At Stitch and Co we’ve long created bespoke suits for a good range of execs . After all, a perfectly-tailored suit conveys power, style and a way of identity. That’s why we decided to explore the triumphant history of the woman’s suit.

Although women’s suits might not go back to the 1600s the way men’s do, they nevertheless have a colourful , boundary-pushing history. The primary notable appearance of a lady making a man’s suit her own was in 1870 when actress Bernhardt began wearing her “boy’s clothes” publicly. At the time, a lady sporting a man’s suit was scandalous, but this controversy didn’t keep her from further challenging gender roles – she played the lead in Hamlet in 1899. Before her time in some ways , Ms. Bernhardt was the first champion for what has become the sartorial calling card of recent women.

By 1910 the suffragette movement was fully swing and with it came women who were bolder and more active. Rallies, marches and direct action required quite just shaking off dated 1800s ideals – they required less restrictive clothing. Enter the Suffragette Suit. This predecessor to the fashionable skirt suit was a pointy counterpoint to the favoured “hobble skirt,” the mainstream fashion of the time that was so narrow at the ankles the wearer ‘hobbled’ around.

The Suffragette Suit was an indicator of progressive woman and inspired icon and fashion dame Coco Chanel. Possibly the foremost well-known designer to form women’s suits, Chanel gained popularity during the primary war by eschewing corsets for tailoring and is widely credited with making the primary truly female suit within the modern sense. Unlike its predecessors, the Chanel suit retained a way of glamour and femininity.

Although women’s suits might not go back to the 1600s the way men’s do, they nevertheless have a colourful , boundary-pushing history. The primary notable appearance of a lady making a man’s suit her own was in 1870 when actress Bernhardt began wearing her “boy’s clothes” publicly. At the time, a lady sporting a man’s suit was scandalous, but this controversy didn’t keep her from further challenging gender roles – she played the lead in Hamlet in 1899. Before her time in some ways , Ms. Bernhardt was the first champion for what has become the sartorial calling card of recent women.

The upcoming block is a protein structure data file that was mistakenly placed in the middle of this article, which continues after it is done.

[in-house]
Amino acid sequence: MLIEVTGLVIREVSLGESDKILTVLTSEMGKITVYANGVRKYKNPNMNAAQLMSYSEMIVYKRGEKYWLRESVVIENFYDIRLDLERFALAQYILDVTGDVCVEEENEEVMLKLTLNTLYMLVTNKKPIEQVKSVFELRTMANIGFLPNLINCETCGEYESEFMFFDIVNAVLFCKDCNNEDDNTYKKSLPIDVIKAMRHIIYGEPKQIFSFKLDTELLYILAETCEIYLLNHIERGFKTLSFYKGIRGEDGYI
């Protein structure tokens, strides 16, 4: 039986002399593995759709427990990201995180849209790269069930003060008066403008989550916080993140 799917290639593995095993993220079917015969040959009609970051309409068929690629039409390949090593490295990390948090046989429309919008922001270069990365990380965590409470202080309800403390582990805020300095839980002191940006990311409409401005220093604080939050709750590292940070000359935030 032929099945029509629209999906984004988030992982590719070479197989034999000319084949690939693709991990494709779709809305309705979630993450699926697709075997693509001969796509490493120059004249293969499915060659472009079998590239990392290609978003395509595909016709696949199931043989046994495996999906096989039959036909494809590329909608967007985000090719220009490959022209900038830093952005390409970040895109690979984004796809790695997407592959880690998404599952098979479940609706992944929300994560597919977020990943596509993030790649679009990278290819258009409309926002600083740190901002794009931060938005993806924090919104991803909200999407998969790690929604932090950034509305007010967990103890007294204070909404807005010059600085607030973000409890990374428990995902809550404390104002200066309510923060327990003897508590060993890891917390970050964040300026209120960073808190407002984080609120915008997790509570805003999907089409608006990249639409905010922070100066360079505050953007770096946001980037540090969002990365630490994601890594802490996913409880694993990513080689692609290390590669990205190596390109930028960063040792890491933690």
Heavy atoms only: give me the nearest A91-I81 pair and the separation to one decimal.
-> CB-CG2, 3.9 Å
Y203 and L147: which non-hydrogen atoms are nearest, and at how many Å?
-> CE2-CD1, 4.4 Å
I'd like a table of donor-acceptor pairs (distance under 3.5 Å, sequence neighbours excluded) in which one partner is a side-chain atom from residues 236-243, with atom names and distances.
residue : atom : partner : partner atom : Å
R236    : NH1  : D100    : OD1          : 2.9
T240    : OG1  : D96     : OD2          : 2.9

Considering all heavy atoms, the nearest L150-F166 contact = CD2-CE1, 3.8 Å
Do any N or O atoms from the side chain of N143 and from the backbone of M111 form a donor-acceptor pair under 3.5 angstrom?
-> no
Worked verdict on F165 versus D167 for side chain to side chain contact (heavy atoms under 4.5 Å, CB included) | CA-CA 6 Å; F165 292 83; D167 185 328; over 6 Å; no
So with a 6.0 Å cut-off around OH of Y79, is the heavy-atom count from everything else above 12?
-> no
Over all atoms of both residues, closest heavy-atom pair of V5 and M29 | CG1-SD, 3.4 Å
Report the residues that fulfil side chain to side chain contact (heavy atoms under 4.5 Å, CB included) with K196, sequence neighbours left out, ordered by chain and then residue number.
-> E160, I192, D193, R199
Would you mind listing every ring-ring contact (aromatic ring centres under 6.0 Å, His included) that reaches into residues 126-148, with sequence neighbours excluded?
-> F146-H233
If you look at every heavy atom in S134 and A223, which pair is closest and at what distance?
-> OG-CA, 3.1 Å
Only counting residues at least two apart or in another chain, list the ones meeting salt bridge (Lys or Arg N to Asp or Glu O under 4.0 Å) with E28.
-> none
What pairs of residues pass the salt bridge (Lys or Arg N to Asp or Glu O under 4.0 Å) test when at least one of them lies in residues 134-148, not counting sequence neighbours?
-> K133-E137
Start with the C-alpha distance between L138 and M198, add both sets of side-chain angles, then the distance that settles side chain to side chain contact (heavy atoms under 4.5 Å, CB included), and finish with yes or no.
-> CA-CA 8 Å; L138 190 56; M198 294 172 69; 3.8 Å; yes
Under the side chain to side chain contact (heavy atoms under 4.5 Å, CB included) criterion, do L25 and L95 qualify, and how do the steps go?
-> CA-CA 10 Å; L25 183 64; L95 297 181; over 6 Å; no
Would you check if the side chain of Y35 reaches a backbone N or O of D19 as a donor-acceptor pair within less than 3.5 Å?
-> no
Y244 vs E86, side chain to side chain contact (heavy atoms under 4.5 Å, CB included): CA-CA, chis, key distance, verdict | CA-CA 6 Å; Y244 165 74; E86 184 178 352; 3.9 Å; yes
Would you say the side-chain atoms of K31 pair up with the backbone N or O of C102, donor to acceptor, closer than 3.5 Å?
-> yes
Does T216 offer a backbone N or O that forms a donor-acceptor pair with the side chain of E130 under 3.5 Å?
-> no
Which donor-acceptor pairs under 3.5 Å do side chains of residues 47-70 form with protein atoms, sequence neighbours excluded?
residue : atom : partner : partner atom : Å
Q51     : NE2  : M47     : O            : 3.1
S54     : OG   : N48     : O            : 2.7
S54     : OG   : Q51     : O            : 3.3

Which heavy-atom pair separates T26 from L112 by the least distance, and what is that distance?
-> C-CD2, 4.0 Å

By 1910 the suffragette movement was fully swing and with it came women who were bolder and more active. Rallies, marches and direct action required quite just shaking off dated 1800s ideals – they required less restrictive clothing. Enter the Suffragette Suit. This predecessor to the fashionable skirt suit was a pointy counterpoint to the favoured “hobble skirt,” the mainstream fashion of the time that was so narrow at the ankles the wearer ‘hobbled’ around.

The Suffragette Suit was an indicator of progressive woman and inspired icon and fashion dame Coco Chanel. Possibly the foremost well-known designer to form women’s suits, Chanel gained popularity during the primary war by eschewing corsets for tailoring and is widely credited with making the primary truly female suit within the modern sense. Unlike its predecessors, the Chanel suit retained a way of glamour and femininity.

Women’s sartorial liberation continued within the jazz age as women widely began wearing trousers for leisure activities, particularly tennis, equestrian and cycling. Until that point (and even afterwards in many places), a women wearing pants was considered cross-dressing and was often criminalised.